Let’s talk about poo, shall we?
So I recently toilet-trained my three-year-old. Actually, I’m not sure if I should be using the past tense here, as the process is ongoing. He’s playing a blinder, all things considered, but I wish someone had told me these titbits before we began.
1. No nappies is WAY more work
The prospect of leaving poonamis behind and finally being free of those nappies that are so full of wee you could knock someone out with one is fab – if only it was that simple. Your relationship with poop and pee doesn’t suddenly end when the nappies leave, of course. Instead, you become more actively involved in each and every bowel movement. Yay!
Bathroom trips outnumber the old nappy changes by ten to one in our house some days. You begin to dread the phrase “mammy, I need to do a wee-wee” because – as proud of them as you are for doing exactly what you taught them to do – it means you’re off to the bathroom. Again. I’m a few months in and I still feel like I picked myself up a little part-time job for the summer as a bathroom assistant.
And of course, it’ll always happen when you have arms full of laundry or you just sat down. Or worse, approximately two minutes after you’ve driven away from your house, following a pre-journey wee and multiple questions about whether they had “any more wee-wees”. A wet nappy can wait a minute until you take that boiling pasta off the hob, or get to your destination in the car. A child who is about to pee waits for no man. Or pasta.
I already felt like I never sat down. But at this stage, I’m about to list all my chairs on Done Deal and give up on the dream completely.
Dramatic? Me? How dare you.
2. Day ready – vs – night ready
I haven’t night-trained my son yet. Many people successfully tackle day and night all in one go and you might too, but I knew my kid wasn’t ready. Not to put too fine a point on it, but his nighttime pull-up is still regularly bulbous with wee in the morning. If he’s still going that much at night without waking, the advice I got was that he’s probably not physically ready to be night-trained.
It was music to my ears to be honest, because I don’t fancy getting up at night time, every time – see my last point. He can wear a nappy in bed until he’s 15 for all I care.
3. Beware the false start
The morning we started training, I was immediately lulled into a false sense of security. He excitedly peed in the potty every time – I didn’t even have to ask. At one stage I turned away for a moment and turned back to his announcement that he’d pooped in the potty. And indeed he had.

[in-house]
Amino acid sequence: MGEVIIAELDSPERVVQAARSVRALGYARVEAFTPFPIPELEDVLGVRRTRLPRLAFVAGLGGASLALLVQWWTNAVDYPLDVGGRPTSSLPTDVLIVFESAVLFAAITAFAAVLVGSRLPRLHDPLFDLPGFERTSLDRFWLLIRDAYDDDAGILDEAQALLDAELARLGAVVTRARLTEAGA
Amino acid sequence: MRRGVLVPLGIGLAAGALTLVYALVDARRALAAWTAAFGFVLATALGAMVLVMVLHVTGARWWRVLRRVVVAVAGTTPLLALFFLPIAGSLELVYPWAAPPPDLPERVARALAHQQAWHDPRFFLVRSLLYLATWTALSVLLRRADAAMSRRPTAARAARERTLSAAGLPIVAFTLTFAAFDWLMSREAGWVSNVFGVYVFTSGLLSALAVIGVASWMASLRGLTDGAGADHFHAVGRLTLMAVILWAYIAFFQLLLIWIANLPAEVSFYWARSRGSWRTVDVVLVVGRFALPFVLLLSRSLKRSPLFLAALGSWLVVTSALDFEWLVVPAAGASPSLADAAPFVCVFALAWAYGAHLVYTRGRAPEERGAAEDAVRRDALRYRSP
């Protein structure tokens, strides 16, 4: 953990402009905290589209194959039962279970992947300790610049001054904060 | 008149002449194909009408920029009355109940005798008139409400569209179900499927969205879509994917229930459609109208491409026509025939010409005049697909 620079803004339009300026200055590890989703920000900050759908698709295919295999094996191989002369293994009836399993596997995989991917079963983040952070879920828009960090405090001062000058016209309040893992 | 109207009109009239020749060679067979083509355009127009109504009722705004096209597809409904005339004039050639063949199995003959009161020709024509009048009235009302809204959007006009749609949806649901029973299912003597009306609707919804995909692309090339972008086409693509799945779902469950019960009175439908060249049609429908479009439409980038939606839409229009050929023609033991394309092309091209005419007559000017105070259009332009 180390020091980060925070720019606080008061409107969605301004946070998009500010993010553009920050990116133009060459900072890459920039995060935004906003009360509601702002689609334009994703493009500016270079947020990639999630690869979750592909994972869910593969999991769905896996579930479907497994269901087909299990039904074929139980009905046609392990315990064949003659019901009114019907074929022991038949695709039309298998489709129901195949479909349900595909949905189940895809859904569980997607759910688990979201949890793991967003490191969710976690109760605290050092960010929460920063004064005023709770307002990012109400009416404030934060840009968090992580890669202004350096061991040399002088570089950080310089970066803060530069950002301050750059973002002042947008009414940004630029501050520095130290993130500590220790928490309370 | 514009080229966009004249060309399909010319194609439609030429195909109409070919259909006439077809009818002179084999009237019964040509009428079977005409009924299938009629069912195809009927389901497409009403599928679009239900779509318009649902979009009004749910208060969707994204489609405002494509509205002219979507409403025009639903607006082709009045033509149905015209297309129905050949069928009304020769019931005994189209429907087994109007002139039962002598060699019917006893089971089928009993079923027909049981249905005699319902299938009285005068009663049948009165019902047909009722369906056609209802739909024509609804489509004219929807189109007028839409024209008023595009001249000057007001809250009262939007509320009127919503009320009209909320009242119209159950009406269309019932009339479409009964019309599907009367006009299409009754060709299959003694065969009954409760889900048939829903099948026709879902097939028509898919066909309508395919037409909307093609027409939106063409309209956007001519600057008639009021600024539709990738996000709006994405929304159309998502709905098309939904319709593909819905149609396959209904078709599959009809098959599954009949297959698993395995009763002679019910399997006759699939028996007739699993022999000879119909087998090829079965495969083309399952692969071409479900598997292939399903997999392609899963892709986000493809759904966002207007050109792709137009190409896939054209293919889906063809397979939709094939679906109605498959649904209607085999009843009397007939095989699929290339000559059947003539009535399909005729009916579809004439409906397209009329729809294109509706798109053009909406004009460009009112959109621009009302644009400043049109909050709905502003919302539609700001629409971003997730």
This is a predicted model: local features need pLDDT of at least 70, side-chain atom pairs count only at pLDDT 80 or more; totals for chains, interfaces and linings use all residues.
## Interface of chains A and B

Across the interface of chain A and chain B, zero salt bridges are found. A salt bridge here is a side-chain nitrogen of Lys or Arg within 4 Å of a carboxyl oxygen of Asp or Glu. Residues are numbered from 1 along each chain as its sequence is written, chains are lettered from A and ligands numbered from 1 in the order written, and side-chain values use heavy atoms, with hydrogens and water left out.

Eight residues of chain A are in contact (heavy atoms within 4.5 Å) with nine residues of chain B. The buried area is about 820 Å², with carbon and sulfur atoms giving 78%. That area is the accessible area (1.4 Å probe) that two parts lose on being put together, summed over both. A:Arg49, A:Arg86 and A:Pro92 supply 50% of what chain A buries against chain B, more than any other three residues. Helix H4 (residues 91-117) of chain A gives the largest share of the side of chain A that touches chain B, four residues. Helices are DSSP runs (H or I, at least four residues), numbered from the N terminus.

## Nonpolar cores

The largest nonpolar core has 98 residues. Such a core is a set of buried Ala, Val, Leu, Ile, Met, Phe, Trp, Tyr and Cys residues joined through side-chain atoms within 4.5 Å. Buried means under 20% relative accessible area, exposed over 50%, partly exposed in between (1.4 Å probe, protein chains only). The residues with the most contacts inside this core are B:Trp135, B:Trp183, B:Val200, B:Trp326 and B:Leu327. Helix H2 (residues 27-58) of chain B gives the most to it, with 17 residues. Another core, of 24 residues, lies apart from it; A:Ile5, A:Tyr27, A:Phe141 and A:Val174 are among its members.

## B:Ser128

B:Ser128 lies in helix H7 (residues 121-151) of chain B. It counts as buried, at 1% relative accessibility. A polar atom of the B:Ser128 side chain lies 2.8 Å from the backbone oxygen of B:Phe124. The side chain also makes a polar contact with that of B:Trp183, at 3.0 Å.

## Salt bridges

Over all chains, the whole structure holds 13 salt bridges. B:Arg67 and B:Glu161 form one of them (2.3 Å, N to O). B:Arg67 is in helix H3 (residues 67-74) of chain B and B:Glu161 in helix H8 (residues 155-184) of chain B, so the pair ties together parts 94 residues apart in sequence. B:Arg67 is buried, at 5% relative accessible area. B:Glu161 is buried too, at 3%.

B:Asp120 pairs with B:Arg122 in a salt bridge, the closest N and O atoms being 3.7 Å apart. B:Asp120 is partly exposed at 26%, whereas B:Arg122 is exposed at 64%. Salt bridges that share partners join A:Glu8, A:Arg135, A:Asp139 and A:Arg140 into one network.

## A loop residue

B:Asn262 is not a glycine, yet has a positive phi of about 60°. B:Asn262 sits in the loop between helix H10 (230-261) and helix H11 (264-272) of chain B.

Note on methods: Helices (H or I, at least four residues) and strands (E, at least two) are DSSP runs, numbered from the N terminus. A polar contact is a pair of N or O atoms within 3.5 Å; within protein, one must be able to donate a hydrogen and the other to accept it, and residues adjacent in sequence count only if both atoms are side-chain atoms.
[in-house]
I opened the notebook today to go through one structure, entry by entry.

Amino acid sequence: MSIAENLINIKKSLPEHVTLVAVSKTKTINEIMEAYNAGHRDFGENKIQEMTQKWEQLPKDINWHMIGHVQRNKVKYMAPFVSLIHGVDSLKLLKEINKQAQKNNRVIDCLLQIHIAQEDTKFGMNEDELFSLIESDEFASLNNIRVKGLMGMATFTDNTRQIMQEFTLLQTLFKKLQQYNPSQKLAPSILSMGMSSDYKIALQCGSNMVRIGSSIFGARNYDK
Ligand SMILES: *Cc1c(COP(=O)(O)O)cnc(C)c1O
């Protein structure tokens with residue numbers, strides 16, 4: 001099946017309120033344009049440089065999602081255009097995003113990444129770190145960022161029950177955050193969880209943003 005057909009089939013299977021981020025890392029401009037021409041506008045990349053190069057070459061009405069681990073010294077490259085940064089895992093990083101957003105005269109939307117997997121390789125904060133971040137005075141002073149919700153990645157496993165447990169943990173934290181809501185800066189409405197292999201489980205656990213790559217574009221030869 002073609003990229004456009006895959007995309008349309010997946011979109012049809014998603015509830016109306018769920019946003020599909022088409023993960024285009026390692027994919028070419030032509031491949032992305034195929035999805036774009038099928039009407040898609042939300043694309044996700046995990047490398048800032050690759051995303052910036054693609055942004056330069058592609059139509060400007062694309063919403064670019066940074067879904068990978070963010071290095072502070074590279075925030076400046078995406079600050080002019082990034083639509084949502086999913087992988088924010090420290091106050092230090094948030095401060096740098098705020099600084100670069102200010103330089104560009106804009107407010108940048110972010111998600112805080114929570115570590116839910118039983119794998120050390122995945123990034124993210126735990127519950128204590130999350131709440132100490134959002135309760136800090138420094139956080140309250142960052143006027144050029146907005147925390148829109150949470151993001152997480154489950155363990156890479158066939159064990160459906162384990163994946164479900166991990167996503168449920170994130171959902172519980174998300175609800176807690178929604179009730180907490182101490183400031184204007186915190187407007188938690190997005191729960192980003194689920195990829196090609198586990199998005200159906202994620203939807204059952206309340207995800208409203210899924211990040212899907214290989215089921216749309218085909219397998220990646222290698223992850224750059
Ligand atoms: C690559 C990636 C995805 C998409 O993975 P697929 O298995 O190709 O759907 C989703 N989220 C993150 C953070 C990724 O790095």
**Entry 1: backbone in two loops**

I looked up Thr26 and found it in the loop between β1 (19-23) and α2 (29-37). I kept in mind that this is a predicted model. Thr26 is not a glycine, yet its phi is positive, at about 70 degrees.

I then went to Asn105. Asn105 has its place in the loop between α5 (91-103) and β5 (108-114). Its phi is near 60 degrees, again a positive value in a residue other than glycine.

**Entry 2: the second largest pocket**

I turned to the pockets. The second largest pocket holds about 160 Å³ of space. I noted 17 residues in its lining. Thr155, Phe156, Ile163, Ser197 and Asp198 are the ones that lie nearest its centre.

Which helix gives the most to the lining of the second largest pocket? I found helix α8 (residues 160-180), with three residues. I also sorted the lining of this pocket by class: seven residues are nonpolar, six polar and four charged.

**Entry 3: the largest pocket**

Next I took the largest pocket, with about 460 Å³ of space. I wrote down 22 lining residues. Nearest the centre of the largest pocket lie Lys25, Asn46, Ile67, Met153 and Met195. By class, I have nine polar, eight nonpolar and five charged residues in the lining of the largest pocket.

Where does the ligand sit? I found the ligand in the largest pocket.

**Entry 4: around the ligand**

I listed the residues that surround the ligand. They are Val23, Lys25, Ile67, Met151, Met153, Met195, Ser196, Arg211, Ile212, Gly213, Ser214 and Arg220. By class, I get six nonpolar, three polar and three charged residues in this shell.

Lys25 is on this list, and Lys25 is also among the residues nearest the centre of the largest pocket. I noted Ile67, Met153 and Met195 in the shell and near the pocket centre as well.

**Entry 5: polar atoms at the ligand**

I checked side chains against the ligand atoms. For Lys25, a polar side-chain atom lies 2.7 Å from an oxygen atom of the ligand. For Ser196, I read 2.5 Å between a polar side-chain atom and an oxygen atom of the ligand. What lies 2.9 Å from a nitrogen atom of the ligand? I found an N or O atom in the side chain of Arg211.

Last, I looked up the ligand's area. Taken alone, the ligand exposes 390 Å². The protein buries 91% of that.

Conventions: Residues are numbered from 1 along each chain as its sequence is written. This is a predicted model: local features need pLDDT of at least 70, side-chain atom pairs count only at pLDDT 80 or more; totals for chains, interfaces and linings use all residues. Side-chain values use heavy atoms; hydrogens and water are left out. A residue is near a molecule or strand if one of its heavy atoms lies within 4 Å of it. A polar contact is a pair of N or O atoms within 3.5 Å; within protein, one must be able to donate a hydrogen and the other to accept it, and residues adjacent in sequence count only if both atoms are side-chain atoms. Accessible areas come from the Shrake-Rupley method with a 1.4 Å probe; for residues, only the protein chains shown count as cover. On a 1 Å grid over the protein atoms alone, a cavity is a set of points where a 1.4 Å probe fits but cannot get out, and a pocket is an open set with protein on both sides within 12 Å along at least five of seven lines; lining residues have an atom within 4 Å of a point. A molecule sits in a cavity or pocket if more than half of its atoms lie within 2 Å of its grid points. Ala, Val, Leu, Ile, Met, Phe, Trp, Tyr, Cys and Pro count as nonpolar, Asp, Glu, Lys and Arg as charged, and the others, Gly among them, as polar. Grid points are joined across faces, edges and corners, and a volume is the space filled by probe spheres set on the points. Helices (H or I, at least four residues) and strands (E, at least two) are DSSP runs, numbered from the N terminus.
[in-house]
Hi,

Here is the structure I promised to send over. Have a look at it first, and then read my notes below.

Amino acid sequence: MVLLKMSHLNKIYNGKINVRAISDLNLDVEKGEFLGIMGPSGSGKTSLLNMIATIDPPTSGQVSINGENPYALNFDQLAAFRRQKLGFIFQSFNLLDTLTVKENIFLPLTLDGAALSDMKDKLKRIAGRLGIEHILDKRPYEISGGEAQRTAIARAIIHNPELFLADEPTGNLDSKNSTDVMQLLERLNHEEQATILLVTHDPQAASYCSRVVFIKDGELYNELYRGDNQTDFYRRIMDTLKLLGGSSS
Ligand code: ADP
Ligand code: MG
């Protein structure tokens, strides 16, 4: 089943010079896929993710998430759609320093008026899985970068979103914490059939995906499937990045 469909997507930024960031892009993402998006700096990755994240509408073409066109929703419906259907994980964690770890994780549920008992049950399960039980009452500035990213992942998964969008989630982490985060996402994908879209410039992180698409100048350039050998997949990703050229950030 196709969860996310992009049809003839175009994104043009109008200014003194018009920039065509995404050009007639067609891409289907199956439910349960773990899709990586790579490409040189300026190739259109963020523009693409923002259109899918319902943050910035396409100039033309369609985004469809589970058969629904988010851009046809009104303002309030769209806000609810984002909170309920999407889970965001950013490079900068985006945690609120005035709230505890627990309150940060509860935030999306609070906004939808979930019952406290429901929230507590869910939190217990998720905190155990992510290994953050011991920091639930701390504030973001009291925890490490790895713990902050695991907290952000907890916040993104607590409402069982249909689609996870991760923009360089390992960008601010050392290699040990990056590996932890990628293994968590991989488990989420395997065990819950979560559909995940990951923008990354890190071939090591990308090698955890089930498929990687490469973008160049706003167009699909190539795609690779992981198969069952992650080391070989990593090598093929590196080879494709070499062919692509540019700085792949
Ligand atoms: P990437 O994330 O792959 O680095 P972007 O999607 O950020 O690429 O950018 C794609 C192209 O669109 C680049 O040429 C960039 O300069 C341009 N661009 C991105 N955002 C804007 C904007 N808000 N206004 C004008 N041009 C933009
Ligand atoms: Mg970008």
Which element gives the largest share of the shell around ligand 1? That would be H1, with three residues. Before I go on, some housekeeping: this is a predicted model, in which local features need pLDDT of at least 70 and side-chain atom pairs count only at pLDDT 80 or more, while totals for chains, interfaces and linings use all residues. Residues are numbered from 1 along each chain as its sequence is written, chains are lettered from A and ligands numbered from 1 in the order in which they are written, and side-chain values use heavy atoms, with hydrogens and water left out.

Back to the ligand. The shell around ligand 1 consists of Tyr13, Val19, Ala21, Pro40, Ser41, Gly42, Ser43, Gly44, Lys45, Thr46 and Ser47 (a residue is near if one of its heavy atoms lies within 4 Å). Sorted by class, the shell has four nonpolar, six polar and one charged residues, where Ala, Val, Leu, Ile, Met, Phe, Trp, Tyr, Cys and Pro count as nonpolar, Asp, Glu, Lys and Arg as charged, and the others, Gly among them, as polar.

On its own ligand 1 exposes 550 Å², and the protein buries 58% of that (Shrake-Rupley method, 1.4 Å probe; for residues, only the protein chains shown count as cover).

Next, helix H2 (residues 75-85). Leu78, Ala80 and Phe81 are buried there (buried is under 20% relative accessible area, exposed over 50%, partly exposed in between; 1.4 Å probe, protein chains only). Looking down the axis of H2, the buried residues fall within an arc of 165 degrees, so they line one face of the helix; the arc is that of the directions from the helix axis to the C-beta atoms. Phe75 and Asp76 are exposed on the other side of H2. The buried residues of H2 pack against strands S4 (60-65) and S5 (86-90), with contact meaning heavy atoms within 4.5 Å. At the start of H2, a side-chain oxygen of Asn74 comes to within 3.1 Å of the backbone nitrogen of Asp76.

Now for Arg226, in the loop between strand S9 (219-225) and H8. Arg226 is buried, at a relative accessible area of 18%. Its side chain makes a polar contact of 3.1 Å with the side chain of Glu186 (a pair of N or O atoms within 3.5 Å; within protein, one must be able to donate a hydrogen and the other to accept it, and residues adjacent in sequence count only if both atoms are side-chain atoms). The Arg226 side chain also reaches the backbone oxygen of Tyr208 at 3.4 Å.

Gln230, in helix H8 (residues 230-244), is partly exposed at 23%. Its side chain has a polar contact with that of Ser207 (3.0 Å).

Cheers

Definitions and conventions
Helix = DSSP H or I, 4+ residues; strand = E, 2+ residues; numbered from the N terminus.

This is easy, I thought.
And look, it was. He took to it all pretty quickly. But he’s had bad weeks where I’ve felt like I was starting all over again and I’m told toilet training regression is totally normal. Only last week he looked me straight in the eye, smiling as he slowly urinated on the living room floor. And he still occasionally appears at the creche door at pick-up time wearing different bottoms to the ones I dressed him in.
I’m not stressing about it. As they say, ‘nobody goes to college in nappies’. We’ll get there.
4. Pee absolutely REEKS
I’m sorry this is so gross and it’s hardly brand new information but jayzus, it really does pong. Possibly worse than poo? For the first couple of training days, I made the grave mistake of tossing post-accident pants and bottoms into the laundry basket as normal. Big mistake. Huge.
Oh god, the smell. It seeps into your brain. Now it’s straight into a sealed (ideally biodegradable) nappy bag with anything wet unless I’m in a position to wash them immediately. You’ve been warned.
5. Puppy pads are your friend
Loads of people gave me this advice, but it’s a good ‘un so I’m passing it on. Those absorbent sheets you can buy for doggy accidents are your only man for covering your kid’s car seat when they’re training. For the first few weeks, being out and about is the most challenging part, and car seats are not as easy to clean as tracksuit bottoms. You’ll get them cheaply in Dealz amongst other places.
- How to potty train your toddler in three days, according to the experts
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- Doctor explains why you shouldn’t rush potty training
- Are ‘potty pops’ the way forward when it comes to potty training your toddler?
- Toilet training regression: What it is and what can you do to help solve it